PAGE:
Bilateral

SKU: 0560-2
Label:
Inside Out Music
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Leprous are an exciting young band from Norway. They made a great album for our label in Tall Poppy Syndrome and have now found a new home at Inside Out. Bilateral is the band's third album. It continues their tradition of mixing progressive rock and metal in equal doses. They serve it up in a way that continually leaves the listener off kilter. This time Einar Solberg sings almost (but not totally) with clean vocals. There is still quite a bit of heaviness. The music constantly challenges you and at times isn't all that pleasant to listen to...but you can't stop. If Van Der Graaf Generator recorded a metal album it might sound something like this. Album of the year candidate...you must own this!

Product Review

Sun, 2011-09-11 15:28
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This album is a total masterpiece! Leprous has crafted their own sound, and everything works brilliantly... GET IT NOW! -ProgMetalHead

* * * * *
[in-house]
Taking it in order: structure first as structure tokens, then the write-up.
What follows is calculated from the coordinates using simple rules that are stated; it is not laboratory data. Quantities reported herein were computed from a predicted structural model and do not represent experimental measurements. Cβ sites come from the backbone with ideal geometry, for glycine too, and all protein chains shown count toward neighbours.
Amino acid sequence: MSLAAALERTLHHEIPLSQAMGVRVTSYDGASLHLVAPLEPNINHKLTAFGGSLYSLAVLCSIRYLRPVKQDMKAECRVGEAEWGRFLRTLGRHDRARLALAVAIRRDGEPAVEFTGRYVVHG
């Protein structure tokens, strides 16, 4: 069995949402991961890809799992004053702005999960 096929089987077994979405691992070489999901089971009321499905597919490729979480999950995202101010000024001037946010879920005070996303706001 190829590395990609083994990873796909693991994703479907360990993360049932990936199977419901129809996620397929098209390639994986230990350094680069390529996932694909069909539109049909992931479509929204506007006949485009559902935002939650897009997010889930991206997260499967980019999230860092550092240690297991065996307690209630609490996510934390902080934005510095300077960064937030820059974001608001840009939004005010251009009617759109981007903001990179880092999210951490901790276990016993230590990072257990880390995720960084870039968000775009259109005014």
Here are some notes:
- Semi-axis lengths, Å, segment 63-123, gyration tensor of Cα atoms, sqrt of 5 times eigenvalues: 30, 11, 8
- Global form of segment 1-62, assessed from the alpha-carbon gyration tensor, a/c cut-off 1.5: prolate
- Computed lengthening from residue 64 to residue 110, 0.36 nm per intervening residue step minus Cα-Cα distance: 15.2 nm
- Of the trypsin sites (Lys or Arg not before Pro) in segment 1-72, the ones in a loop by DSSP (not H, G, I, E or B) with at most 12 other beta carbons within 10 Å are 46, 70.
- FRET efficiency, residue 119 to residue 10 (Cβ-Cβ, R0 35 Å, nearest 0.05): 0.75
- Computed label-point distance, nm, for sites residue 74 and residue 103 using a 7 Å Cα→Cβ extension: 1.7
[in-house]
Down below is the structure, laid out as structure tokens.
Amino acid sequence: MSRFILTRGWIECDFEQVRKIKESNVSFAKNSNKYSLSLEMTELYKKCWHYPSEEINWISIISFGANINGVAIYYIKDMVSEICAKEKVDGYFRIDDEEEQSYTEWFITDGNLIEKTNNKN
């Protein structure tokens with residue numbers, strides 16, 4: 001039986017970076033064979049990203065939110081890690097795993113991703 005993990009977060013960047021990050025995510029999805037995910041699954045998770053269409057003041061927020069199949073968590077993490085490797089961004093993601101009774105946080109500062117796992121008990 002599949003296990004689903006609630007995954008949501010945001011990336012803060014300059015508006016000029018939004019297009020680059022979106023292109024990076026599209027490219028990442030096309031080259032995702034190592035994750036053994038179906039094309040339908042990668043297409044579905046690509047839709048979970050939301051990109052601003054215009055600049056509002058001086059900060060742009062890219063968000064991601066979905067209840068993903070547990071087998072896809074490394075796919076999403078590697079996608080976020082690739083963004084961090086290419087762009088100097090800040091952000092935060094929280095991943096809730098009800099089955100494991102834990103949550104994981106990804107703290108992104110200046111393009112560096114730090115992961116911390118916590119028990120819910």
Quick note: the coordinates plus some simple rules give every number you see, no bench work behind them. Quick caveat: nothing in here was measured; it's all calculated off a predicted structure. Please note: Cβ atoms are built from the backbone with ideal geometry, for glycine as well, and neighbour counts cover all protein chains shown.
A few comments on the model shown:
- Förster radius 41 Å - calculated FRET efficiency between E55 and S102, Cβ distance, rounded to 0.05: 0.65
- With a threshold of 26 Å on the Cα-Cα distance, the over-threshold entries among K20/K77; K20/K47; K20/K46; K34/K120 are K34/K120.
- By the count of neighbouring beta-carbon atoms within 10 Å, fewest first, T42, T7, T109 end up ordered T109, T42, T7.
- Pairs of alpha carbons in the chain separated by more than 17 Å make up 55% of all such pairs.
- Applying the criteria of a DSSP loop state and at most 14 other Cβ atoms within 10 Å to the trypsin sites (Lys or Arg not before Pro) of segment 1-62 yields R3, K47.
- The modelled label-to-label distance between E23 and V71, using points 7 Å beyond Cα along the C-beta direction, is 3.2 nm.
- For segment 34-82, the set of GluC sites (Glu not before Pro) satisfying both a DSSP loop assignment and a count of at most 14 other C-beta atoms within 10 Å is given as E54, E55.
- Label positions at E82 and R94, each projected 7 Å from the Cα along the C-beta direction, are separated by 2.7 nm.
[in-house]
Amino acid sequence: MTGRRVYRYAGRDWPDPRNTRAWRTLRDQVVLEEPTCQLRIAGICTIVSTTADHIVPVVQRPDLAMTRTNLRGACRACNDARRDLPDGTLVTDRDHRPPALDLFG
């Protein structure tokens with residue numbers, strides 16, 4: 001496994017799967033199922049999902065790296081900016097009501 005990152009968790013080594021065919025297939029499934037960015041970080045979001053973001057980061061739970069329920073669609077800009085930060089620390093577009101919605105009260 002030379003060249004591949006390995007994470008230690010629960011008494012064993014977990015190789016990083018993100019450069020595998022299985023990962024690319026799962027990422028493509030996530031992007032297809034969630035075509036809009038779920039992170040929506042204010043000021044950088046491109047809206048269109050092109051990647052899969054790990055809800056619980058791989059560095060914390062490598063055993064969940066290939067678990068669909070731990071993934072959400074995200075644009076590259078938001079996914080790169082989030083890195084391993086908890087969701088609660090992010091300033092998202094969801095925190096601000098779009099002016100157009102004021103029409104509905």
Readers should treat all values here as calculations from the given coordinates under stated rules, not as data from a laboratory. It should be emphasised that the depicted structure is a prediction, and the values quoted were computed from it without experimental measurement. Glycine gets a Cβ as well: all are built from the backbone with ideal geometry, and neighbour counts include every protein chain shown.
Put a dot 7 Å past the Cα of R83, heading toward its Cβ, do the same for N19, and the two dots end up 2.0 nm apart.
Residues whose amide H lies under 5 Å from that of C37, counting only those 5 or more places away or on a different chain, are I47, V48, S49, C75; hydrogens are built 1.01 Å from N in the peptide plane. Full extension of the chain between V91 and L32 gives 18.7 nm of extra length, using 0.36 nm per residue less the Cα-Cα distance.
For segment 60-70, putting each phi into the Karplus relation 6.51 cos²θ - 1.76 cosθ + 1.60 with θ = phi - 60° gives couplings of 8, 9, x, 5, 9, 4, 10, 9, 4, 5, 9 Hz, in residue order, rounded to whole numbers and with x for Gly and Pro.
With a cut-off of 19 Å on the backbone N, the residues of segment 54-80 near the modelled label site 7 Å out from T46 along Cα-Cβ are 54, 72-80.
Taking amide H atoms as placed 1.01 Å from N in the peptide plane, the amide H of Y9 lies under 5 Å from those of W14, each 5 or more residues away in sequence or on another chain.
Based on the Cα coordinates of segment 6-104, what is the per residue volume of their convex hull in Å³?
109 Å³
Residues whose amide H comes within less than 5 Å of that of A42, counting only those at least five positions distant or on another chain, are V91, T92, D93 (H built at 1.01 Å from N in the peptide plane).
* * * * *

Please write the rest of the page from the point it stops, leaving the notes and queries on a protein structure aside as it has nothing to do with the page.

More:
Sat, 2011-09-17 01:11
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Wow, this is brilliant, every songs is different, you never what to expect next. This is really what I call create great music. Probably the best album of 2011 easy.
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Product Review

Sun, 2011-09-11 15:28
Rate: 
0
This album is a total masterpiece! Leprous has crafted their own sound, and everything works brilliantly... GET IT NOW! -ProgMetalHead
Sat, 2011-09-17 01:11
Rate: 
0
Wow, this is brilliant, every songs is different, you never what to expect next. This is really what I call create great music. Probably the best album of 2011 easy.
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  • "From December 1971 to April 1972, Carlos Santana and several other members of Santana toured with drummer/vocalist Buddy Miles, a former member of the Electric Flag, and Jimi Hendrix's Band of Gypsys. The resulting live album contained both Santana hits ("Evil Ways") and Buddy Miles hits ("Changes"), plus a 25-minute, side-long jam. It was not, perhaps, the live album Santana fans had been waiting for, but at this point in its career, the band could do no wrong. The album went into the Top Ten and sold a million copies." - All Music Guide